sheridan (sheridanwilde) wrote in wildewood_co_uk,

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sex scenes and teen flicks

How often does a movie appear at your local (mainstream) cinema where you can watch a couple having actual sex? How often does the same film contain dead bodies, again not simulated? This one has both, and what's more children can go and watch it, unaccompanied by their parents!
March of the Penguins 2006-01-31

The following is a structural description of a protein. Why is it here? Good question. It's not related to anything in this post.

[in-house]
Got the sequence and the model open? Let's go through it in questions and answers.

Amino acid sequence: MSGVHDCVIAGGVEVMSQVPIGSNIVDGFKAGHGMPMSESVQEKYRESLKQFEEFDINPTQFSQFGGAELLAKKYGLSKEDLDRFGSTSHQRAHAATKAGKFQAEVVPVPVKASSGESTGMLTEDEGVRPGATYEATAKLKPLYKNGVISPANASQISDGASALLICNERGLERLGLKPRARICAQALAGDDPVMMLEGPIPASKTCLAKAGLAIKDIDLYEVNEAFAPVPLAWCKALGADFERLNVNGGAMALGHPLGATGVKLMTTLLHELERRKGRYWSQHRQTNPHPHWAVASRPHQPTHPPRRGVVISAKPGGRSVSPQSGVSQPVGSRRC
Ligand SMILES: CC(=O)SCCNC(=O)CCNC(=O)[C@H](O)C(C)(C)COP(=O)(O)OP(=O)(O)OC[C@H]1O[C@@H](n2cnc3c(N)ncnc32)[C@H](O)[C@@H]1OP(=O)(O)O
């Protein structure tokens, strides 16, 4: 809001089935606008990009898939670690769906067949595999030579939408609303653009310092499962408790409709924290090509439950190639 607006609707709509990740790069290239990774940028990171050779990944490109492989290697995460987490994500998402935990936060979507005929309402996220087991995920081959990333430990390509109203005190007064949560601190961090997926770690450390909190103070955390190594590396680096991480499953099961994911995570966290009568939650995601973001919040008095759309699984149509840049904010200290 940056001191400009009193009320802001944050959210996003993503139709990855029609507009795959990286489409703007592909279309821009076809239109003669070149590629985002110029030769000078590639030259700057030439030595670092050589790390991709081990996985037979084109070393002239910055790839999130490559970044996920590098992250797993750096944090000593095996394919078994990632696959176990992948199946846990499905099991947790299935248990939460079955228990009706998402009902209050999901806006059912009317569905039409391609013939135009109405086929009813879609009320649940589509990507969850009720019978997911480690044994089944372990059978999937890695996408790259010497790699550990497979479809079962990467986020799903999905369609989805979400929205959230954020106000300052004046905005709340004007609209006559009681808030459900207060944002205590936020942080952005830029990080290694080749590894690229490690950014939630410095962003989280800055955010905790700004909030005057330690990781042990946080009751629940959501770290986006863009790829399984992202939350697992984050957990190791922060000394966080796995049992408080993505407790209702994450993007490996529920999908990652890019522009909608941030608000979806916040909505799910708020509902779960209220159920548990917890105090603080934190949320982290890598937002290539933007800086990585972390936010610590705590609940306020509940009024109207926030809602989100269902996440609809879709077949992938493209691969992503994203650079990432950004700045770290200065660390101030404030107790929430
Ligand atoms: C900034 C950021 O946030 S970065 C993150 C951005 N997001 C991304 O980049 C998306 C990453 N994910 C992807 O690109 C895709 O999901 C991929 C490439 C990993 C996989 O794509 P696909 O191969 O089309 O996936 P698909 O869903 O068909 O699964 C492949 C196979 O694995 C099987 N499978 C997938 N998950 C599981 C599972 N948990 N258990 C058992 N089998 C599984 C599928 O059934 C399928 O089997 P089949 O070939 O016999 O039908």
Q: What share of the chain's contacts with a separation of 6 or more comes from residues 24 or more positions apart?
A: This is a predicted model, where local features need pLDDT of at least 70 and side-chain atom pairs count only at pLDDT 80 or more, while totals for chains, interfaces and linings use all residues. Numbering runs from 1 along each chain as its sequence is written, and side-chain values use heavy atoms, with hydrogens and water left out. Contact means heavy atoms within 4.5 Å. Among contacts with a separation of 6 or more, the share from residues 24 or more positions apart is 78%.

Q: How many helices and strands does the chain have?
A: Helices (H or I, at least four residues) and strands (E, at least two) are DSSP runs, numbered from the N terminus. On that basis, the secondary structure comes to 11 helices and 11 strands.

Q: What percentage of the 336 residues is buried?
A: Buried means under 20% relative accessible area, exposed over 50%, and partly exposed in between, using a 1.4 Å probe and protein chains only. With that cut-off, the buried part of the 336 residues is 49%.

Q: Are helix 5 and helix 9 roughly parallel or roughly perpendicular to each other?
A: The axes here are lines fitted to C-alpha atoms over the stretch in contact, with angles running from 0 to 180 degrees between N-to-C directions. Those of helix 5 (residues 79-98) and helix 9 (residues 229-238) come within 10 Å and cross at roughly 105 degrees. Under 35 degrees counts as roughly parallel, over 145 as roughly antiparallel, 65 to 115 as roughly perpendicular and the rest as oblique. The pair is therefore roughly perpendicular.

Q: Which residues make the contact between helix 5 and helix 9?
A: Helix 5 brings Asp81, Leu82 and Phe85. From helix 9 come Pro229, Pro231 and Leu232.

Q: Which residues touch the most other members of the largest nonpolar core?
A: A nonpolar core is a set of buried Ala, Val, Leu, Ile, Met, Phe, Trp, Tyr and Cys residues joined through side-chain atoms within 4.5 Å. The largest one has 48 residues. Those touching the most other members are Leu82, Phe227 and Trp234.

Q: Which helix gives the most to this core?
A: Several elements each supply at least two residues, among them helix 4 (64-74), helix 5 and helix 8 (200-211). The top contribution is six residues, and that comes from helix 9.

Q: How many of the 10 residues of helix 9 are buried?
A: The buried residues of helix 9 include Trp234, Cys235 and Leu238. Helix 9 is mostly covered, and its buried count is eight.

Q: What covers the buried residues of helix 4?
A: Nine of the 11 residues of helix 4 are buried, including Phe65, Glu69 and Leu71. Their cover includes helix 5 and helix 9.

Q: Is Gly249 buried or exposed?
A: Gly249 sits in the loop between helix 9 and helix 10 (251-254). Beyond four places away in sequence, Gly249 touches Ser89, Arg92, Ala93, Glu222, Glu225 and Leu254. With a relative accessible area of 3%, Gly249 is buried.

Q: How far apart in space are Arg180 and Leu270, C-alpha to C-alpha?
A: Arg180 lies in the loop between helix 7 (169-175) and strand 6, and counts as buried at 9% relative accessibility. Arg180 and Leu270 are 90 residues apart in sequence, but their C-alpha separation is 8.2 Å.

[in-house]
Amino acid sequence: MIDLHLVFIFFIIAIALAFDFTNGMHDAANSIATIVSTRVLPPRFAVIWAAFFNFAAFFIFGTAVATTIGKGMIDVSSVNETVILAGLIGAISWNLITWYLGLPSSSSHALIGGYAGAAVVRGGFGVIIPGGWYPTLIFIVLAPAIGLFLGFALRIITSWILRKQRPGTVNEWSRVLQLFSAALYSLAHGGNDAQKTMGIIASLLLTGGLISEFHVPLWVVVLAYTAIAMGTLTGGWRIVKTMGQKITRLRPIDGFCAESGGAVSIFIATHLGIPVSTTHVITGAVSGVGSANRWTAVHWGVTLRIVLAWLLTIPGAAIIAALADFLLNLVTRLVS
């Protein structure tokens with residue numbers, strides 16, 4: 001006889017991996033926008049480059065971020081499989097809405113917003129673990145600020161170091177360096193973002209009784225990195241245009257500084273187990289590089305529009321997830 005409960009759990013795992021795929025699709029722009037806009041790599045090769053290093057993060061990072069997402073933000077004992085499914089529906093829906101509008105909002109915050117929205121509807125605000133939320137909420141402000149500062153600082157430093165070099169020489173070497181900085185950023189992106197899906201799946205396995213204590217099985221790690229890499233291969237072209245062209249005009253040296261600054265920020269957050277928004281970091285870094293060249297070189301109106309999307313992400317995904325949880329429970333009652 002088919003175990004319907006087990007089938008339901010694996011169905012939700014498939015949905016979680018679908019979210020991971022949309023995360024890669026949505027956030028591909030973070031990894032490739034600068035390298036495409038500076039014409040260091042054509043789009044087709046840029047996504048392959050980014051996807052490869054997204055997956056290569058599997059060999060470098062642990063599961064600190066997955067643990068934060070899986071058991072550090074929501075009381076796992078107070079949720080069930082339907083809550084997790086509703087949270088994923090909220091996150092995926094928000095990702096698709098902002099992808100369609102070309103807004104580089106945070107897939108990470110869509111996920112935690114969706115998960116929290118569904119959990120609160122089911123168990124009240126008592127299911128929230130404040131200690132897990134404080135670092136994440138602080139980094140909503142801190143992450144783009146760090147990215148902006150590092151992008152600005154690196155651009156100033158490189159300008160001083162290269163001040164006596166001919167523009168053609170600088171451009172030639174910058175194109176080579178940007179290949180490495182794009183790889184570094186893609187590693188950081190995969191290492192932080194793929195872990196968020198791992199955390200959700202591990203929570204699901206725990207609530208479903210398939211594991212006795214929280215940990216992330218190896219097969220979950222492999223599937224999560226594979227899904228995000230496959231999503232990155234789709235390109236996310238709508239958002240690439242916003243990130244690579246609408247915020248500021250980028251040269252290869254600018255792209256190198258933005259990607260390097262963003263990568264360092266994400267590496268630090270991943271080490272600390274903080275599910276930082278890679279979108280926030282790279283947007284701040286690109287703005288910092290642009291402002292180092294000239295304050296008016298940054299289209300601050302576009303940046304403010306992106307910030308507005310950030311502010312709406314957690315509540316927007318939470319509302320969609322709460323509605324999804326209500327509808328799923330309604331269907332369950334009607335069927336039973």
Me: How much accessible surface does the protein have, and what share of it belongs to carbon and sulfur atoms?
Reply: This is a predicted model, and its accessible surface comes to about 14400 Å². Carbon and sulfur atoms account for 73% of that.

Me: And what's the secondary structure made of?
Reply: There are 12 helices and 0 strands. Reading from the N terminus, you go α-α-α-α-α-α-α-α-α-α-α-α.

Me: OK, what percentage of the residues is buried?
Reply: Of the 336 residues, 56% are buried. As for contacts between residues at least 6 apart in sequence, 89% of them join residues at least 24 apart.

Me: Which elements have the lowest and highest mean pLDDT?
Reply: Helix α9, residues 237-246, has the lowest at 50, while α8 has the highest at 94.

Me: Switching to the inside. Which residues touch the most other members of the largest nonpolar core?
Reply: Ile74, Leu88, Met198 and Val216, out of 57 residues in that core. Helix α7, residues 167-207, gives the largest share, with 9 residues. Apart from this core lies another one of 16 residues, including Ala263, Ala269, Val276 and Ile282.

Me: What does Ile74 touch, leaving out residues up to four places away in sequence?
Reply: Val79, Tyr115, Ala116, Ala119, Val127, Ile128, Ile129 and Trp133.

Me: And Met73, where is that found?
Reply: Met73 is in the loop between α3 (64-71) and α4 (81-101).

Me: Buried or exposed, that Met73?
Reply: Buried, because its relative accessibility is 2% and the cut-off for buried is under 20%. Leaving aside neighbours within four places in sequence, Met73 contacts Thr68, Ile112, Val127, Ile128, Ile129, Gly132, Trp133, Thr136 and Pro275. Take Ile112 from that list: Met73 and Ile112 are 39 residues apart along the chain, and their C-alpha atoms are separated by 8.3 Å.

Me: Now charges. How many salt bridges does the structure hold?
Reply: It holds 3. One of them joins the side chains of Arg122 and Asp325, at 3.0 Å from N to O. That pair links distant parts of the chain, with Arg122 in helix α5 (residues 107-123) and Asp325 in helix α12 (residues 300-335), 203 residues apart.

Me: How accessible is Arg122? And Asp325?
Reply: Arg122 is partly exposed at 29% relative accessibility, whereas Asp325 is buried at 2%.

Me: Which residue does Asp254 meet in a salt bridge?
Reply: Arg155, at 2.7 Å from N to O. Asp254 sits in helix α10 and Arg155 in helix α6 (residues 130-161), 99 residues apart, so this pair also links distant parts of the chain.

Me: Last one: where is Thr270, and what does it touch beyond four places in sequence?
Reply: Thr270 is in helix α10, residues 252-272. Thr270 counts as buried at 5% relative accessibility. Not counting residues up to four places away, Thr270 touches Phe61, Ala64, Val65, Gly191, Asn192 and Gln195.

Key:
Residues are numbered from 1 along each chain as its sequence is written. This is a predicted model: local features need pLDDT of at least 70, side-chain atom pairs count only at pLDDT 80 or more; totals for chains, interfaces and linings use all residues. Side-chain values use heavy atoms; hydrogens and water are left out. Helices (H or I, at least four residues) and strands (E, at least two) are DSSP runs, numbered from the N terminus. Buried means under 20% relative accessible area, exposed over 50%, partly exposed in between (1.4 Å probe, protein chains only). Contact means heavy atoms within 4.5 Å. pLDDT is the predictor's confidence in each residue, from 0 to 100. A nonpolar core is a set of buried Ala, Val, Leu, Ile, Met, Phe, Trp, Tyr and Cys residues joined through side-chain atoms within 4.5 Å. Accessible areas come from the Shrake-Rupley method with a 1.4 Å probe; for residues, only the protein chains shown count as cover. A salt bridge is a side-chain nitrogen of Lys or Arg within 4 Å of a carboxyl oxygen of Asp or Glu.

Okay, so the couple really do have sex, and there's lots of close-ups of neck-nuzzling and romantic orchestral music while they're doing it too. The real review begins here, btw. I've sometimes thought - while watching nature documentaries - that the magnificent vistas, whether of the plains of the Serengeti or the depths of the Pacific, deserve something better than a fuzzy television showing. That these landscapes should be up there on the big screen, shot on proper film. With this release I get my wish come true. We get to see some fantastic photography, amazing scenes of the intense desolation of the Antartic. And all of this is fitted around a year in the life of a community of Emperor Penguins. There are problems with this film though, and this may have something to do with it's genesis...